TUVEY: Hasselbeck just went to Dallas and threw for 249 and two against a defense that statistically should be tougher for him to score on than the Cardinals. Certainly S3 isn't going out on a limb for Hass, but it does imply that there's some upside here. What would the PP need to be to be considered an S3—another 25 yards? another touchdown? I'm on the glass-half-full side of Hass, while the PP might be on the glass-half-empty side. But the sides are definitely not that far apart.
DOREY: Yeah, I am more the half-empty guy on this because the Cardinals already crushed Hasselbeck back in week six in Seattle where the Seahawks are always far better. He only had 112 yards and no touchdowns in that beat down that got out of hand quickly. But while I admit Hasselbeck will do more this time, I would not be high on using him this week because the Cardinals are starting to turn it up again this season and they are very familiar with Hasselbeck anyway. They played each other once last year and Hasselbeck only produced 170 yards and one score - again in Seattle. This is the time of year that the contenders are stepping up and the bad teams will be falling away. Seattle is not a contender.
CONSENSUS: Tuvey thinks that Hasselbeck is not a great play but one that will produce enough fantasy points to not kill you if you have to start him. That could happen with trash time yards and a score easily even in the scenario painted by Dorey. Consider him a weaker play this week in Arizona but likely to have at least marginal fantasy points.
randy moss (at indy) - PROJECTION: 70 YDS, SBL RATING: s2
TUVEY: First... is anyone seriously considering benching Randy Moss this week against Indy? Moss is an S2 almost by default; he's going to be in your lineup regardless of opponent or venue. So he didn't have a ton of success against Darrelle Revis or Champ Bailey in a couple of tough road losses and didn't get his before the Pats went into run out the clock mode against the Bucs in London; you're going to let that temper your expectations against a secondary that is down multiple regulars? Would it help if I told you that the last time Brady and Moss were in Indy he scored and had 145 yards? Did you bench Moss at home during the 2007 run because he scored in all eight road games but was shut out in three home tilts? Again... is anyone seriously considering benching Randy Moss?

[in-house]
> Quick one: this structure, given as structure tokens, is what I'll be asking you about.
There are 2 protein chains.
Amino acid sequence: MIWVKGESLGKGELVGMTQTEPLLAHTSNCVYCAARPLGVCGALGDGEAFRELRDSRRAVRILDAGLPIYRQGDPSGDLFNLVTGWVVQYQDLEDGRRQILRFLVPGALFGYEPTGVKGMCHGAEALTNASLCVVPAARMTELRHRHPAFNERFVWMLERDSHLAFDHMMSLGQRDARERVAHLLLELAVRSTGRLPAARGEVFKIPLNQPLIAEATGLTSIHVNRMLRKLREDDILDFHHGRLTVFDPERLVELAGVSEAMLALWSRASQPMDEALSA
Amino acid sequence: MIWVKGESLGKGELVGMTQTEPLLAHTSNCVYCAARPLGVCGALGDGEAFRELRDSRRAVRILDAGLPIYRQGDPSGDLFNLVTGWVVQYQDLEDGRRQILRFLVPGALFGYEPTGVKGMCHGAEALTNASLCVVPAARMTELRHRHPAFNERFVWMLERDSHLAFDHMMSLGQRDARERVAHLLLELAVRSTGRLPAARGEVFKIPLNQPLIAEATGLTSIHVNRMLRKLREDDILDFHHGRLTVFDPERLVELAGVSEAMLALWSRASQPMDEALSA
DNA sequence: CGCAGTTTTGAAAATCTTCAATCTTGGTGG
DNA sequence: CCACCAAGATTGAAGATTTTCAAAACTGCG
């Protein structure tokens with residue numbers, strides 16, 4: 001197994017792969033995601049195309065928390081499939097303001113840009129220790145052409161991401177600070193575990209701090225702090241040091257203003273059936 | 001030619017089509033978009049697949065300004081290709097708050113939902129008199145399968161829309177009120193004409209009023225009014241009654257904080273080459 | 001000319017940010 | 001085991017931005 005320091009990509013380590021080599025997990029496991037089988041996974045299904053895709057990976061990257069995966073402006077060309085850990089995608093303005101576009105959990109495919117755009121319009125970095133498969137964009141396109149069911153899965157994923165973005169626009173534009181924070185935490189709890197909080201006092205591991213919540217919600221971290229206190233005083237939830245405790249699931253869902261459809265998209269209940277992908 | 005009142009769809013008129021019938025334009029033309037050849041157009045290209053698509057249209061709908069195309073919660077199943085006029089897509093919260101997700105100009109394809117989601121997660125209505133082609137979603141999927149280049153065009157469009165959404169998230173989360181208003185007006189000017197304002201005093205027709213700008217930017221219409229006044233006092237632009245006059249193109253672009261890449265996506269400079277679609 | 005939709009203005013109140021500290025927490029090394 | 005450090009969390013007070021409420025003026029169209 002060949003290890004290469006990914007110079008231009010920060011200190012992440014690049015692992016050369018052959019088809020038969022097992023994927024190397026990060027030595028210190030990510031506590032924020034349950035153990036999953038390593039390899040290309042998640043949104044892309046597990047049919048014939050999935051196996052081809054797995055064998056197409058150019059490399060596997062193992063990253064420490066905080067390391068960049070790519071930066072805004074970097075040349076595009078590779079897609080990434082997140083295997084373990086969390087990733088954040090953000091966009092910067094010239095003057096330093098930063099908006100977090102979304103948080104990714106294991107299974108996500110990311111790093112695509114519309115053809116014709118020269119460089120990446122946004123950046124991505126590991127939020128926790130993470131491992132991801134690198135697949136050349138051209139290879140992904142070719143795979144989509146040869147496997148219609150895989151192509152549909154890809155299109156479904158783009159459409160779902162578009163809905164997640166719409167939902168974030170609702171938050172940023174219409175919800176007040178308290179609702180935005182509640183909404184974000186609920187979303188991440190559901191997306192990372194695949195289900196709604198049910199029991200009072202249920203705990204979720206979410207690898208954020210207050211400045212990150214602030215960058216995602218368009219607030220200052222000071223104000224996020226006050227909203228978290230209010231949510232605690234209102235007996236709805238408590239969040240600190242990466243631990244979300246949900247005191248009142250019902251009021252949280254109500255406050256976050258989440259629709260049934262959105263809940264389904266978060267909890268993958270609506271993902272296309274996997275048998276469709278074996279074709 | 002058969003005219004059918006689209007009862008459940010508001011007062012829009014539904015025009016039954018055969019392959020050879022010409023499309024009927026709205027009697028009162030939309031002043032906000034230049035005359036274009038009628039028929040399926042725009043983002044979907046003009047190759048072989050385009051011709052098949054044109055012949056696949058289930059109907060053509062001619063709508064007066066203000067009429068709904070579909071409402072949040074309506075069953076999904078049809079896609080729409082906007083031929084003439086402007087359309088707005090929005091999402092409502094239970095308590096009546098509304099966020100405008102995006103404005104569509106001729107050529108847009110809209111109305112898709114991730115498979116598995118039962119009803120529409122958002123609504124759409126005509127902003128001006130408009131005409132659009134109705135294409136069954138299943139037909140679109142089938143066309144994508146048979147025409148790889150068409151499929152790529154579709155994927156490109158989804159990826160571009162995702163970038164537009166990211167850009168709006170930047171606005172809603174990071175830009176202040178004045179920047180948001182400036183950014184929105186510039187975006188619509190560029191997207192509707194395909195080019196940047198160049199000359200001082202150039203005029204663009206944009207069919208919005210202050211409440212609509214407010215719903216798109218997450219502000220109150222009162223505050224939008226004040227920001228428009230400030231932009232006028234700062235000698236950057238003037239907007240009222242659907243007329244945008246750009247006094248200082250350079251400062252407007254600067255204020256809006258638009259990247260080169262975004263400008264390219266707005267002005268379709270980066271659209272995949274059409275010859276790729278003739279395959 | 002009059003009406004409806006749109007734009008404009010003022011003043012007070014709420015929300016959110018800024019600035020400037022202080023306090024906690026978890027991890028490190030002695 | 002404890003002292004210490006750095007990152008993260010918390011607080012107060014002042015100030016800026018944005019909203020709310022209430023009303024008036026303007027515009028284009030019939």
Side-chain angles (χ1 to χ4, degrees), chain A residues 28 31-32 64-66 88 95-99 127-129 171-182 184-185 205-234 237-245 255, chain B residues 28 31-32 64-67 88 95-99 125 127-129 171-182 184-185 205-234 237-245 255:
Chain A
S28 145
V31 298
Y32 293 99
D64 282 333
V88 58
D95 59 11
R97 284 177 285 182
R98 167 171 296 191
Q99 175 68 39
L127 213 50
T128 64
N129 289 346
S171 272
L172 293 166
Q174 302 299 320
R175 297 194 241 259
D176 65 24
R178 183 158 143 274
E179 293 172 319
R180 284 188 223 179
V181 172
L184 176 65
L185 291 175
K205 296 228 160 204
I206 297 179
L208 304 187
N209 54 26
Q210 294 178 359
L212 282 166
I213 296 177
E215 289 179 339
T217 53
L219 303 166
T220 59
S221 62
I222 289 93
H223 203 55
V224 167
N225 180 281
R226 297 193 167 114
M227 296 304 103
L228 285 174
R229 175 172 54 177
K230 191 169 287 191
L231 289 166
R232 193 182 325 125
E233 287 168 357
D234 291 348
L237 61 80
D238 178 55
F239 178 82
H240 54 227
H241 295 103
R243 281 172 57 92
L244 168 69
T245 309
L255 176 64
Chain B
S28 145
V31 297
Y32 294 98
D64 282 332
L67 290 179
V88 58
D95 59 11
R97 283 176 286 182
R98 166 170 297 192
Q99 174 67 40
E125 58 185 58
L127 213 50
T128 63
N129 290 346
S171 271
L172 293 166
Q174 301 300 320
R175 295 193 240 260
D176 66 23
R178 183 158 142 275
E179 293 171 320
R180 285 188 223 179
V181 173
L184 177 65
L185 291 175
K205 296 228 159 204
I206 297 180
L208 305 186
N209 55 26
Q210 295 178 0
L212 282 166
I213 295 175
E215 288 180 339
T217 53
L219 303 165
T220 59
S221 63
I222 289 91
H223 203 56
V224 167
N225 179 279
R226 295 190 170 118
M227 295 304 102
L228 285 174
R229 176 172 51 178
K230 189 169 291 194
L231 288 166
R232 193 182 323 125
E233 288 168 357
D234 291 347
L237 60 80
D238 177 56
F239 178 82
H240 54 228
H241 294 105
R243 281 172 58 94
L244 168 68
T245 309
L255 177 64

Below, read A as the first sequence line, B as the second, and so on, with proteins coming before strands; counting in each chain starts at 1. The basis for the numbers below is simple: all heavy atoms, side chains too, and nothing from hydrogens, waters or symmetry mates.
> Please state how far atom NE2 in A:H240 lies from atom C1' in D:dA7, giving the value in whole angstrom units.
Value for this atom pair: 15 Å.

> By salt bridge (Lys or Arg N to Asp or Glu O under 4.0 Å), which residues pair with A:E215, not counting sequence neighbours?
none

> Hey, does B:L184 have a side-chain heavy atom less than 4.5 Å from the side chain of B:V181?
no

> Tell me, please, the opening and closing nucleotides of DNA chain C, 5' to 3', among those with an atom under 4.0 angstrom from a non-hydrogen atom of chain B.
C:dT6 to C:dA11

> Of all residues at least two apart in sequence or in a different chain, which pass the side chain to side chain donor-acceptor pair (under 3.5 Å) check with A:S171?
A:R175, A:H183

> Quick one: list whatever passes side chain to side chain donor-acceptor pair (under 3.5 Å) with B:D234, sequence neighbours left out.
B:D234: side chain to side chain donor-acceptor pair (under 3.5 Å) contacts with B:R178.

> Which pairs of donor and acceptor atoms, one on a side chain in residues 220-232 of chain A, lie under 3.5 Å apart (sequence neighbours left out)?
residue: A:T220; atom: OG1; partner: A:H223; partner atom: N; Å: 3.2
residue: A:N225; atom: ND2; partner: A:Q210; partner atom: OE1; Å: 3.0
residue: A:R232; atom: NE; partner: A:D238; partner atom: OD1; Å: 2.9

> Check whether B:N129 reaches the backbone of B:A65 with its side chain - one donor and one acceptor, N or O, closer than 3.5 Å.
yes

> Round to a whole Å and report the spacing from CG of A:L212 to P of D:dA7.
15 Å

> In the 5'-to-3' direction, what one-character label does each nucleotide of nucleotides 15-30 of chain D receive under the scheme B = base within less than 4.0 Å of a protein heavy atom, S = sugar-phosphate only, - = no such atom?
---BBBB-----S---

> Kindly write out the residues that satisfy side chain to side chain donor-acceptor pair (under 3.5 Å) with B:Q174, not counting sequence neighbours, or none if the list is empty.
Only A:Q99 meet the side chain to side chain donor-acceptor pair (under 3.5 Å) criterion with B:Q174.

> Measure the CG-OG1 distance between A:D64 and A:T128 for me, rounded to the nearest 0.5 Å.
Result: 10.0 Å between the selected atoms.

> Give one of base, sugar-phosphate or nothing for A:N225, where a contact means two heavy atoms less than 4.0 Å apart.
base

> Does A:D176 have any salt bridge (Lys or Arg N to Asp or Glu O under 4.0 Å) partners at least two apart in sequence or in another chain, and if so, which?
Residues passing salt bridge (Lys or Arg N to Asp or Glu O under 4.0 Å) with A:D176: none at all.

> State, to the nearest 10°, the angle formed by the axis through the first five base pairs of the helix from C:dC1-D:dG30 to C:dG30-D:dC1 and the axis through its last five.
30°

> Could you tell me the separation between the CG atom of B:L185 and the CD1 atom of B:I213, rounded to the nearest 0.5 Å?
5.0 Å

DOREY: I'd think that S2 and 70 yards would be pretty close but I am assuming that the perception is that Tuvey likes Moss better than I do. The Colts have a very good secondary and even more so at home in a big game. If any team can hold Moss down - and if Moss gets 70 yards and no touchdown here it would actually still be his best road game of the year. Playing @NYJ, @DEN and @TB has resulted in a total of just ten catches for 129 yards and no scores. And five receptions for 69 yards in Tampa Bay has been his road best game. I think Colts can match the Buccaneers. I feel pretty good that they are capable. Moss has been a monster in every home game this year and then just mediocre in every away game.
CONSENSUS: When you drafted Moss, you did it for his high scoring, his consistency and his ability to be a difference maker for your team. Considering what you probably paid for him - a first or second round pick? - the only time you should not play him is when he has the worst of all matchups and even then, probably not. Because Moss is always going to represent a ton of upside and if anyone can go against the connect-the-dots of statistical projection, it is Moss. There is not enough risk taken here that could possibly outweigh the upside that Moss has - just start him and be happy you own one of the elite wideouts in your league.
|Start Bench List Ratings:
|S1: Start 'em Tier One (Stud / Great matchup)
||U: Upside player (Possible sleeper)
|S2: Start 'em Tier Two (Solid matchup)
||X: Unclear situation / Could go either way
|S3: Start 'em Tier Three (Borderline / Barely)
||B: Bench 'em (Bad Matchup / Too much risk)
||Predictions and Projections:
The projections are what is mostly likely to occur given everything that has recently happened added to the current team dynamics. They consider total rushing and passing yardage and scores and then distribute them between the most active starting players based on how the track record of the offense and the opposing defense along with variables like injuries, depth chart changes, venue, weather and so on.